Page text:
The last of the puddings. This is becoming quite sad, although there are two sections from the book where I still have 3 recipes left to bake!! I think I’m avoiding these if I’m honest with you!
This looked quite a simple pudding to make, although reading through the recipe it doesn’t actually take much time to make, but you have to leave it overnight before you do the second stage and then again for another two hours after that. So these wouldn’t be ready for a day!
The oven was put on to preheat at Fan 140°C and eight small ramekins were greased. If you want to make this as one big dish then use a 900ml shallow ovenproof dish.
I actually started from the second thing Mary says to do in the recipe as you have to allow this to cool. In a small saucepan I measured out 300ml single cream and 300ml double cream and heated this until it was at scalding point (just too hot to put your finger in!). This was then left to cool slightly.
Whilst the cream was cooling in a bowl I measured out 25g caster sugar and added to this 4 egg yolks (the egg whites I would use in another recipe I still have to do from the book), together with a few drops of vanilla extract. Mary does say you could use vanilla sugar instead and gives a tip on how to make vanilla sugar (I’ll put this at the bottom of the page for anybody who wishes to make some themselves). This was all beaten together.
Next came the difficult part, the cream had to be poured into the egg yolks in a steady stream whilst you were beating it all the time. I decided to use my electric hand whisk for this and with the whisk in one hand and the saucepan in the other, I just prayed that the bowl would stay still and wouldn’t move. It was a little messy, but not too bad, just a few splashes from pouring the cream in. I wasn’t sure how long you had to beat the mixture for as mine was quite frothy by the time I had poured all the cream in.
It was then a case of spooning the mixture into the ramekins. The best way to do this I found was to use a soup ladle. With the eight dishes filled virtually to the top, I must admit I was rather concerned as to where the topping would go (step 2).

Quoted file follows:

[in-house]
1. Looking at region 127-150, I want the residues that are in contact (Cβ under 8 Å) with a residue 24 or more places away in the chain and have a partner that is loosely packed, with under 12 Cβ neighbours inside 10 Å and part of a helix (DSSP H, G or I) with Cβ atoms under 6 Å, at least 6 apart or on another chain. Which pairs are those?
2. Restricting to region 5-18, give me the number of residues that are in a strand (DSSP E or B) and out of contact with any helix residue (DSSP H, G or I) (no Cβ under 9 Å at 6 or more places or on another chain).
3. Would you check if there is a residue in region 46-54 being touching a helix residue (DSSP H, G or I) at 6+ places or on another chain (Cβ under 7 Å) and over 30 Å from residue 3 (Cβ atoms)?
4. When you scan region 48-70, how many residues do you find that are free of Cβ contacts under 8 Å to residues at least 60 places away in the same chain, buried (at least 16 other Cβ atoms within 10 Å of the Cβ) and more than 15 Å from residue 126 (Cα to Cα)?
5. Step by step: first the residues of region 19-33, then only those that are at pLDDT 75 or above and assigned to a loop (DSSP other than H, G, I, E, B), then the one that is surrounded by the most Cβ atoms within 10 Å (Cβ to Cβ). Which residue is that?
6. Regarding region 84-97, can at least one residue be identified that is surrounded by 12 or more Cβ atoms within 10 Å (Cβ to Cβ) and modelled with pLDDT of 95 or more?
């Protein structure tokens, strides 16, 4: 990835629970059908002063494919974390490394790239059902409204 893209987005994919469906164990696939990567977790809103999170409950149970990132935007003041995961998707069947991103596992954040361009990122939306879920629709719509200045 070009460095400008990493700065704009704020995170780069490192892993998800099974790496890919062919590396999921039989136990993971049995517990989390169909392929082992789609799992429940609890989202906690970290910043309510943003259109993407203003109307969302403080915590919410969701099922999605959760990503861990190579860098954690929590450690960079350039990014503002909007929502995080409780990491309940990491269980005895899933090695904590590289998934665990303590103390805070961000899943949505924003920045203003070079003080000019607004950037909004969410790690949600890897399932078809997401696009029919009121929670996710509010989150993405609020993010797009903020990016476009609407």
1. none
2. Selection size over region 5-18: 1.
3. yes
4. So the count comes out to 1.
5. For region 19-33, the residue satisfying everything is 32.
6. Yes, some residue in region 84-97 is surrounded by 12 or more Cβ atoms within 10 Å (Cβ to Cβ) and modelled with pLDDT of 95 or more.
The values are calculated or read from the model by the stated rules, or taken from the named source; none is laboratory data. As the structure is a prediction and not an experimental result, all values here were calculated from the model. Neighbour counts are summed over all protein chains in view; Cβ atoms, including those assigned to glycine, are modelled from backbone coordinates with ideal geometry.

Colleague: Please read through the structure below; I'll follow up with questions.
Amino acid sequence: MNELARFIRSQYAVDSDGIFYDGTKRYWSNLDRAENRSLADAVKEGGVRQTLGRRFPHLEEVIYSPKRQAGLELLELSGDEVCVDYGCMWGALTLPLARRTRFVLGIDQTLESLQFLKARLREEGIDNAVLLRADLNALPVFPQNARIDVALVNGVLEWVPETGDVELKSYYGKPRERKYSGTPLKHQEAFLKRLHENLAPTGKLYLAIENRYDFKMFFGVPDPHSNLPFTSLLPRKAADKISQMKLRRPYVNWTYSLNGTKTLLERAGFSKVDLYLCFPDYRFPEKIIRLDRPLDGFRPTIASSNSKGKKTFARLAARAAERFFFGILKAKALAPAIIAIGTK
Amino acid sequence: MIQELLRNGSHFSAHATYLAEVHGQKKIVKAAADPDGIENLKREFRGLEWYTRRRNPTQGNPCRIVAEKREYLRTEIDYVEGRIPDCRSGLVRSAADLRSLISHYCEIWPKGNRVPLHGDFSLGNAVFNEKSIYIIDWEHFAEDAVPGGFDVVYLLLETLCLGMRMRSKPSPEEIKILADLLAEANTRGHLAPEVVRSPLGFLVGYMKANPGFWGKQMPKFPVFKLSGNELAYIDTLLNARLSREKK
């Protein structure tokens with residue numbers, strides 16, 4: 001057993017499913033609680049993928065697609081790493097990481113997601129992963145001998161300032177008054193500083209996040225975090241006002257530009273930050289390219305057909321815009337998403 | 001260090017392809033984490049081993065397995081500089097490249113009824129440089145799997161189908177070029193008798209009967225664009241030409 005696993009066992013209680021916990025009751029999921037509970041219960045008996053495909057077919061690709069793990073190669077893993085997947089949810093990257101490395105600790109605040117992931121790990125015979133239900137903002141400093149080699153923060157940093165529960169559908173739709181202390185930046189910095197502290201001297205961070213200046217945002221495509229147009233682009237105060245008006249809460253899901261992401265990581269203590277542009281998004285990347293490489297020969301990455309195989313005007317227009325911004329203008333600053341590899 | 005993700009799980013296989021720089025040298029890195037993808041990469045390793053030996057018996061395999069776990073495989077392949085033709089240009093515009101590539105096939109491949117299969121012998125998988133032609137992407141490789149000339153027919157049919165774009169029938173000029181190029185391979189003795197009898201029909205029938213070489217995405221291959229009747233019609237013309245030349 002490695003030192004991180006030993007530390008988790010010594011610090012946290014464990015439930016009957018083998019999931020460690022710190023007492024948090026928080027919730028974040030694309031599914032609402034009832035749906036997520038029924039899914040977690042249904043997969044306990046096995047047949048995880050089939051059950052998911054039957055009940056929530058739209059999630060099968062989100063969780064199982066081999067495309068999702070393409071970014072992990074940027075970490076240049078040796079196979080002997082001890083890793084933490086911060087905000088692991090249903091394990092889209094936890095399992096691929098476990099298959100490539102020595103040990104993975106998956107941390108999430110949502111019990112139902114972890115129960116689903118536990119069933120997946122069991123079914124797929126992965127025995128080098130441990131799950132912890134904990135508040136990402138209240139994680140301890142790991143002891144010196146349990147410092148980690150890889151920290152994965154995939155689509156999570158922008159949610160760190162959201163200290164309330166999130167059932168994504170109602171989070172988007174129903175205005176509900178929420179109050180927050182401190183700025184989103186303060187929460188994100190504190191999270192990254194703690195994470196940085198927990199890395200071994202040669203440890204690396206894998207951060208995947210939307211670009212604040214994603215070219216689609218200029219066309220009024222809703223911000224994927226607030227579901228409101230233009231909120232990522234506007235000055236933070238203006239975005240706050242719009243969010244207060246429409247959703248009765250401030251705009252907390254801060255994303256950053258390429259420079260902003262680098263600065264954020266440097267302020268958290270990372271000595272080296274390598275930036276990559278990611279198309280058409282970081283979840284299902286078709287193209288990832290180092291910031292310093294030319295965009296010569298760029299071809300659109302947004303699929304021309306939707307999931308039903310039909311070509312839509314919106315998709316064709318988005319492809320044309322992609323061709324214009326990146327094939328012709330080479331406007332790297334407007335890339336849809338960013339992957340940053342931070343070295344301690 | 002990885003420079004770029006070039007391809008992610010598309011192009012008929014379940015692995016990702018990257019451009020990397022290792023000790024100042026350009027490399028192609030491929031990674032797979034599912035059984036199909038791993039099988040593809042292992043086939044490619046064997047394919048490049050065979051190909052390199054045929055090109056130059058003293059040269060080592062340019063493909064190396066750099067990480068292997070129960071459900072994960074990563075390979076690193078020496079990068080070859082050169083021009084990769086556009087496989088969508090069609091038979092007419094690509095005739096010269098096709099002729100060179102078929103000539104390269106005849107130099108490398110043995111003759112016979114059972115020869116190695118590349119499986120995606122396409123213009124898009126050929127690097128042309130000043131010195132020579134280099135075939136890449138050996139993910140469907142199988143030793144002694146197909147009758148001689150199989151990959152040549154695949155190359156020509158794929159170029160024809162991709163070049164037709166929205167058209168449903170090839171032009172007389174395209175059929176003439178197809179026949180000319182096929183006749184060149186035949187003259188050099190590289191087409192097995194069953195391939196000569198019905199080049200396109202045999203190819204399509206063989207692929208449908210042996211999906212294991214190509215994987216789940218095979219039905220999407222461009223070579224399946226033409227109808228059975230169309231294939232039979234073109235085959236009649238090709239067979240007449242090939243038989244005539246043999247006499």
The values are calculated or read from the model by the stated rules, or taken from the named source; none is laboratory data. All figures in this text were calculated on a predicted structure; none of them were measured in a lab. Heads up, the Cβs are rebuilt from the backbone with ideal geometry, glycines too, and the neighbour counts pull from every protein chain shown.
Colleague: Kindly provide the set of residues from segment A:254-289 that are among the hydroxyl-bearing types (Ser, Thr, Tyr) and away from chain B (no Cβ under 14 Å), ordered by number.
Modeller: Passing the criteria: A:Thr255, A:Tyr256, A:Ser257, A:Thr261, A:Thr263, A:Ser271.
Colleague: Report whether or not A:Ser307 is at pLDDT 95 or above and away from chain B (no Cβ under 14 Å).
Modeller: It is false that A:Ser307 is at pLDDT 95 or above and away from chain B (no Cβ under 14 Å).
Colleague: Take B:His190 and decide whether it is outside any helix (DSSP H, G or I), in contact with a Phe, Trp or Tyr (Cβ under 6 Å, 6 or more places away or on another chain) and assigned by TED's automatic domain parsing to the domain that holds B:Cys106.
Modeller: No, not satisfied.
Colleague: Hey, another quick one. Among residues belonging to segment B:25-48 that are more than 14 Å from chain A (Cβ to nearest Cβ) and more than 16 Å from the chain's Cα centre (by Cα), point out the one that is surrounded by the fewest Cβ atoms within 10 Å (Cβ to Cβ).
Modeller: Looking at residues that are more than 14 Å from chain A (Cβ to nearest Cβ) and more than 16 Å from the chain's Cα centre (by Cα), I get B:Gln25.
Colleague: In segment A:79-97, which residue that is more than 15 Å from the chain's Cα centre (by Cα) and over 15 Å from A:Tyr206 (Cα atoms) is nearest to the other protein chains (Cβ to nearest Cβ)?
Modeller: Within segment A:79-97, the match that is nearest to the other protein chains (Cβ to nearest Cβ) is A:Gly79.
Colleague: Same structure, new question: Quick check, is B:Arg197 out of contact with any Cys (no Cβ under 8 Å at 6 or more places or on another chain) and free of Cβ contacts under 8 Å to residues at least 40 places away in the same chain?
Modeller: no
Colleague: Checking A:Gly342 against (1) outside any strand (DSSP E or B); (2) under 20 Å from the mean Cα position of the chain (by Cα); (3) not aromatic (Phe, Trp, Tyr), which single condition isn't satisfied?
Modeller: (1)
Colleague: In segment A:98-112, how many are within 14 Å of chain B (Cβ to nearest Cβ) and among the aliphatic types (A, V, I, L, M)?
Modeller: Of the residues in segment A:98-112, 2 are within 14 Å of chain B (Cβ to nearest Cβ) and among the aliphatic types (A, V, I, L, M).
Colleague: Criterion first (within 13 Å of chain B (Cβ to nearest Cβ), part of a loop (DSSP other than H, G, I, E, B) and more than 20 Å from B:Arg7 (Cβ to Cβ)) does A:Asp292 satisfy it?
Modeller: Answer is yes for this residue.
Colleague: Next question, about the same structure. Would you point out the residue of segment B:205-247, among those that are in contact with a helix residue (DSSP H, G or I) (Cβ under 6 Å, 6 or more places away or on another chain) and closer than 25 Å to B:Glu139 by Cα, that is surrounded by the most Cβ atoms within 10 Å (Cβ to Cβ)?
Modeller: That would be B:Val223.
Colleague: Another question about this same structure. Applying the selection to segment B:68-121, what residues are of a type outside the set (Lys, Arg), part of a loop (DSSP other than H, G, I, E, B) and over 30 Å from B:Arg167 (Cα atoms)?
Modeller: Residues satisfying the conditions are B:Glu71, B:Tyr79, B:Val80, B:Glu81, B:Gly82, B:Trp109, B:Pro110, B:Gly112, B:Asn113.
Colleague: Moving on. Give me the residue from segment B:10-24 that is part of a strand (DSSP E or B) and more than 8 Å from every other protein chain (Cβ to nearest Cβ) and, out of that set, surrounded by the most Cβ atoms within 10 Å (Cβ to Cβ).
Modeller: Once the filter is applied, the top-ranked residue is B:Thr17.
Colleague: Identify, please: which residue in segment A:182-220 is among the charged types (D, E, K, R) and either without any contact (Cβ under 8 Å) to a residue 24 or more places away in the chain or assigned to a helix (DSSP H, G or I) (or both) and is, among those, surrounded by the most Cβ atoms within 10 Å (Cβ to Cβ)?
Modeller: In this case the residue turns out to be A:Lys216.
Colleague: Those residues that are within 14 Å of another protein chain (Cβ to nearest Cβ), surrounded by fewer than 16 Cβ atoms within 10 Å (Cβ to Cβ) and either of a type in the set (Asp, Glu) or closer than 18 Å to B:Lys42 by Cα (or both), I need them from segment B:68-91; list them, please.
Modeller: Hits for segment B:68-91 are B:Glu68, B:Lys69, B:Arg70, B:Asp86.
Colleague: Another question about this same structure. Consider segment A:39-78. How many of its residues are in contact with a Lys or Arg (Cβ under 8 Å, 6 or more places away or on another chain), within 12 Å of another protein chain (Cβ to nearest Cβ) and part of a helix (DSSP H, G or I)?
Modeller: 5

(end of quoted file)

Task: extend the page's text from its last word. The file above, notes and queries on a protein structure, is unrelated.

The dishes had to be stood in a roasting tin that had been half filled with hot water and baked in the oven for around 25-30 minutes. If you are cooking one large dish, then this needs to be baked for around 45 minutes. Mine took 25 minutes to set. They were removed from the oven and the roasting dish and allowed to cool. Once they had cooled they were chilled in the fridge overnight.
It was now time for Stage 2. The grill was put on to preheat – hot. Demerara sugar was sprinkled over the top of each ramekin to the depth of 5mm (about 3 heaped teaspoons). These were then placed under the grill. I had a slight problem here as my husband was cooking a roast dinner for us and he had taken the tray out of the grill section of the cooker to use in the oven as he needed an extra shelf. I tried holding the tray up, but it was too heavy and too warm, so my husband retrieved his blow torch from the garage and melted the sugar using this. If you do put them under the grill, it should take 3-4 minutes for the sugar to melt and caramelize to a golden brown. Using the blow torch it literally took seconds!
They then had to be left to cool again and then put back into the fridge for at least another 2-3 hours before we could try them. Chilling them again allows the caramelized topping to soften slightly, which makes it easier to crack when you serve it.
When it became time to eat them they did indeed make a loud crack when you tapped the top with a spoon. They tasted very good and they were indeed ‘sheer luxury’ as Mary says. I personally think they needed a little more vanilla in them, perhaps next time I’ll make them using vanilla sugar. They certainly went down well with the family.
Mary’s Top Tip – Vanilla sugar adds a wonderful flavour. Simply store two to three vanilla pods in a jar of caster sugar. After about 2 weeks, the sugar is infused with the pungency of the vanilla.